Director Wim Wenders captures a celebrated avant garde dance company in the 3D doco Pina. He talks to Helen Barlow.
When the tall, sinewy dancers of Pina Bausch's Tanztheater Wuppertal walked along the stage for the world premiere of Wim Wenders latest, Pina, during the Berlin Film Festival, there was one person conspicuously missing - Pina Bausch herself.
Incredibly, the founder of the innovative company had suddenly died, aged 68, just as she was to embark on her long-gestating cinematic venture with her friend and countryman Wim Wenders.
The veteran director of arthouse classics including Paris, Texas and Wings of Desire, has dabbled in documentaries before, his best known being the Oscar-nominated Buena Vista Social Club.
Having spent much time following Bausch at work, when she died - having been diagnosed with cancer five days earlier - Wenders was understandably shocked. Initially he dropped his plans to make the film, though after urging from the company's dancers, he went ahead - and filmed the company in 3D.
"I remember my very first meeting with Pina", recalls Wenders. "I was so enthusiastic that I just babbled on and I said we should do a film together one day. That was a quarter of a century ago in 1985. She only smiled and lit another cigarette and didn't say anything, so I didn't really know what that smile meant."
In many ways fate can be cruel. Given that Bausch's work had been documented before, Wenders had been struggling to devise a new means of showing her art.
"I thought it was me who was unable to take that step into the kingdom of her art, but then I finally saw how I could do it," he explains. That was after Wenders saw a rough cut of the concert film U23D in 2006.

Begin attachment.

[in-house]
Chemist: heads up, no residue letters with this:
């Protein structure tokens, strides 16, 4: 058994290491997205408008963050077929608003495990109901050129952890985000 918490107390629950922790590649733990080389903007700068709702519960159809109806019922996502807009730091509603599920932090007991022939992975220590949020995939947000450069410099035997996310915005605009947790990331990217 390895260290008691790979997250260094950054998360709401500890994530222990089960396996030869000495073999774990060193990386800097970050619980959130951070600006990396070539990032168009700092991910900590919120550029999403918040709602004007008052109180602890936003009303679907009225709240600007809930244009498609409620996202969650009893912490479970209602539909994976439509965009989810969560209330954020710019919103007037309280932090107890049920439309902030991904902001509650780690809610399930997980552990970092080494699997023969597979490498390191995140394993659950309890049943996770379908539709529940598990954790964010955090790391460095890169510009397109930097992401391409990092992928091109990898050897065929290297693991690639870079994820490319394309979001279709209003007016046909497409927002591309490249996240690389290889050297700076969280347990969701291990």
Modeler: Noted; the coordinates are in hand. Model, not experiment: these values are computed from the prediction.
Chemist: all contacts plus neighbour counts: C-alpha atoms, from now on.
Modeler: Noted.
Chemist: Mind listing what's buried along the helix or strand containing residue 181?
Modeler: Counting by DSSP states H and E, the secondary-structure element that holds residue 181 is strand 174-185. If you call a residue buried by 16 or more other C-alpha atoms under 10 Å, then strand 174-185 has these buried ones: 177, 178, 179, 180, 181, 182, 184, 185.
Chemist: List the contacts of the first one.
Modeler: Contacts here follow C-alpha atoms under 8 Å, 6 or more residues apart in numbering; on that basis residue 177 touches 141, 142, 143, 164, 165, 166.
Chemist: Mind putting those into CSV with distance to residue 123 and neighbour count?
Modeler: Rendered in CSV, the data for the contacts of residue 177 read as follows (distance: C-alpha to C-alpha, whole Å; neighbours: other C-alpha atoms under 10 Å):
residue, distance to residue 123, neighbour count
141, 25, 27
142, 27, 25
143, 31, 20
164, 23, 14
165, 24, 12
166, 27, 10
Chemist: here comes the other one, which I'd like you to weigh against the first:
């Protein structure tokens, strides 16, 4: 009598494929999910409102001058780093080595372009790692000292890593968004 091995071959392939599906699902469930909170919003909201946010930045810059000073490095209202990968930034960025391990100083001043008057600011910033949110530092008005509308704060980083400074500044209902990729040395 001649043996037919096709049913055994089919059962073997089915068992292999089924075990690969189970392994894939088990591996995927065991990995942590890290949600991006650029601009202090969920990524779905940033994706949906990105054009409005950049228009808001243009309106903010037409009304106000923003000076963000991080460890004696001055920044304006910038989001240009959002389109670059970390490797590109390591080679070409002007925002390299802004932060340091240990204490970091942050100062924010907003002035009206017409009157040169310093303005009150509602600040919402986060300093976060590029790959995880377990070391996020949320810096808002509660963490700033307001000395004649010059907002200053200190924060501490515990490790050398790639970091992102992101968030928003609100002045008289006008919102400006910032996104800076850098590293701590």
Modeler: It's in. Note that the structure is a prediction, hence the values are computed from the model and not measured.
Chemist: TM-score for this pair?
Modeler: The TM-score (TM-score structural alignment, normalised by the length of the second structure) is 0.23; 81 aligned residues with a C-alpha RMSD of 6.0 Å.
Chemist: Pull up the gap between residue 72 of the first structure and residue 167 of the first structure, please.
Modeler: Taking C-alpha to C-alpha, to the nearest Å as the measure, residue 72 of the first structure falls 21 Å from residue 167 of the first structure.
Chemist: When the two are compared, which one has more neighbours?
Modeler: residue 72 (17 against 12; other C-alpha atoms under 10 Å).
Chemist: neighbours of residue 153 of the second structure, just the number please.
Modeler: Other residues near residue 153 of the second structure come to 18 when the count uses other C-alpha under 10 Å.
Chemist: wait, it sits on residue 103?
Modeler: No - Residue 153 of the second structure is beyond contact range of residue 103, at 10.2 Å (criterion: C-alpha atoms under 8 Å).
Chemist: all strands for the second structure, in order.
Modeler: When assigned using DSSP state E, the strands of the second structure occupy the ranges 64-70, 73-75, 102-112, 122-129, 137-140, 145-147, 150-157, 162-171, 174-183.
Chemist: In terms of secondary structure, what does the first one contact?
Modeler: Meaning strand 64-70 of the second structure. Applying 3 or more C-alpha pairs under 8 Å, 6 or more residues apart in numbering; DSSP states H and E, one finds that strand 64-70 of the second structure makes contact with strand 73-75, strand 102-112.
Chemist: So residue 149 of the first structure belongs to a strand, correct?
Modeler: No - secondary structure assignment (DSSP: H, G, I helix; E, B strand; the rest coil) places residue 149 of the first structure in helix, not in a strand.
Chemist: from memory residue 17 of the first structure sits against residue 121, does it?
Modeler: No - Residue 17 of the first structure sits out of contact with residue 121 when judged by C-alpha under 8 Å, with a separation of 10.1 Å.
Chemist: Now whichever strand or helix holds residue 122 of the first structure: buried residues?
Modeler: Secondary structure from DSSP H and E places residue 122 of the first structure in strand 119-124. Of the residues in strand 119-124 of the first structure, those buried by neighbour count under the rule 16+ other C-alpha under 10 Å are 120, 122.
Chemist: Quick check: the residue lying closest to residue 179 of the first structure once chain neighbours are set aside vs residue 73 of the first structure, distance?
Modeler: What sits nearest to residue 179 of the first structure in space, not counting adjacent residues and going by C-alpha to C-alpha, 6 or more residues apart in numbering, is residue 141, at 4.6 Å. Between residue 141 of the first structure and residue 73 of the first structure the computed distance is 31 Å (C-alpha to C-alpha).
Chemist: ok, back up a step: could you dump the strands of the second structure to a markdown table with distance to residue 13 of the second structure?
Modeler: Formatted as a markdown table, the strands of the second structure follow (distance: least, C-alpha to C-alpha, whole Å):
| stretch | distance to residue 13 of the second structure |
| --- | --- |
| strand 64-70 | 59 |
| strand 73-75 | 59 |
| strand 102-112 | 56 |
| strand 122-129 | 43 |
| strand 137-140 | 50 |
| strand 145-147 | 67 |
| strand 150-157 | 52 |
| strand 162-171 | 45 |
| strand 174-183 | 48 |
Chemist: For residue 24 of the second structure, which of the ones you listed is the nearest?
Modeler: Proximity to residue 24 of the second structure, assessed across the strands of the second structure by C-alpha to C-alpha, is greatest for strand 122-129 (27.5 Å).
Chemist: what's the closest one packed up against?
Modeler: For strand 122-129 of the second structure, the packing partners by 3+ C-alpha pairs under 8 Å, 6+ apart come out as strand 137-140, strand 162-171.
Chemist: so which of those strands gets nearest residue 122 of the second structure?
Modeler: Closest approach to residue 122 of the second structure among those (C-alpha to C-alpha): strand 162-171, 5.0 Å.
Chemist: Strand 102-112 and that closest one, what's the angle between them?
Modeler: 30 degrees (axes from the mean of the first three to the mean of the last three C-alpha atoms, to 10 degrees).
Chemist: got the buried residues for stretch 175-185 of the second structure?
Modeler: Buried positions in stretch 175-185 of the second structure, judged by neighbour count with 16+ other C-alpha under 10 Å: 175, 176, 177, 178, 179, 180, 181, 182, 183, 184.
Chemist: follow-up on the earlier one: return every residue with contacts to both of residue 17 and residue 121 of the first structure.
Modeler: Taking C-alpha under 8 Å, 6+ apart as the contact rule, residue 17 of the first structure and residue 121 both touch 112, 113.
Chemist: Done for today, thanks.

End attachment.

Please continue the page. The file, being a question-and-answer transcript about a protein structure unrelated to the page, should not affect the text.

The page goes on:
"Something magical happened from the first frame on. I almost didn't hear the music anymore, and I saw the potential of this medium. It was rudimentary and jerky and rough and full of faults but I saw the door that I had been waiting to open."
Getting his head around the 3D technology was one thing, then there was the complexity of Bausch's work and reputation.
"Even calling it modern dance is inappropriate," he says. "She created the word Tanztheater, dance theatre. She created plays where the acting is done by dancers. Her art was reading people and their essence, and if you want, their soul, and reading that through the way their bodies express it. She was able to decipher and to read more precisely than anybody I ever met in my life."
Ultimately the brilliance of Wenders' near dialogue-free movie is that he not only has the company dancing during rehearsals and performances, but he takes the dreamlike potency of their movement outside into Wuppertal's industrial landscape, onto the streets, into the factories and into open-faced coal pits. The dancers swoon around a traffic island as cars zoom by, and a woman pirouettes on to a hanging rail car.
"Pina only wanted to see her own dancers in the medium," Wenders explains. "She said, 'Don't show it to me with anybody else, because then I will understand it'. We planned that for July of 2009. The trucks were loaded, we were going to show Pina, she was going to be able to see what her dancers did on live on a huge 3D screen. But she died two days before that."
Her passing meant the film would serve as a visual memorial of her choreography.
"It was never going to be a biography about her. We ruled that out from the beginning. She didn't want that. Even when she was dead we didn't do that. Slowly we understood these pieces that we had selected for the film had to be performed, because it might be for the last time.
"At the time nobody knew how long they were going to be able to continue as a company. It was the dancers who insisted. Pina wanted these plays to be preserved. Her spirit is still there."
What: Pina by Wim Wenders, a documentary about the work of late German choreographer Pina Bausch
Where and when: Opens at cinemas Thursday. Check cinema listings for 3D screenings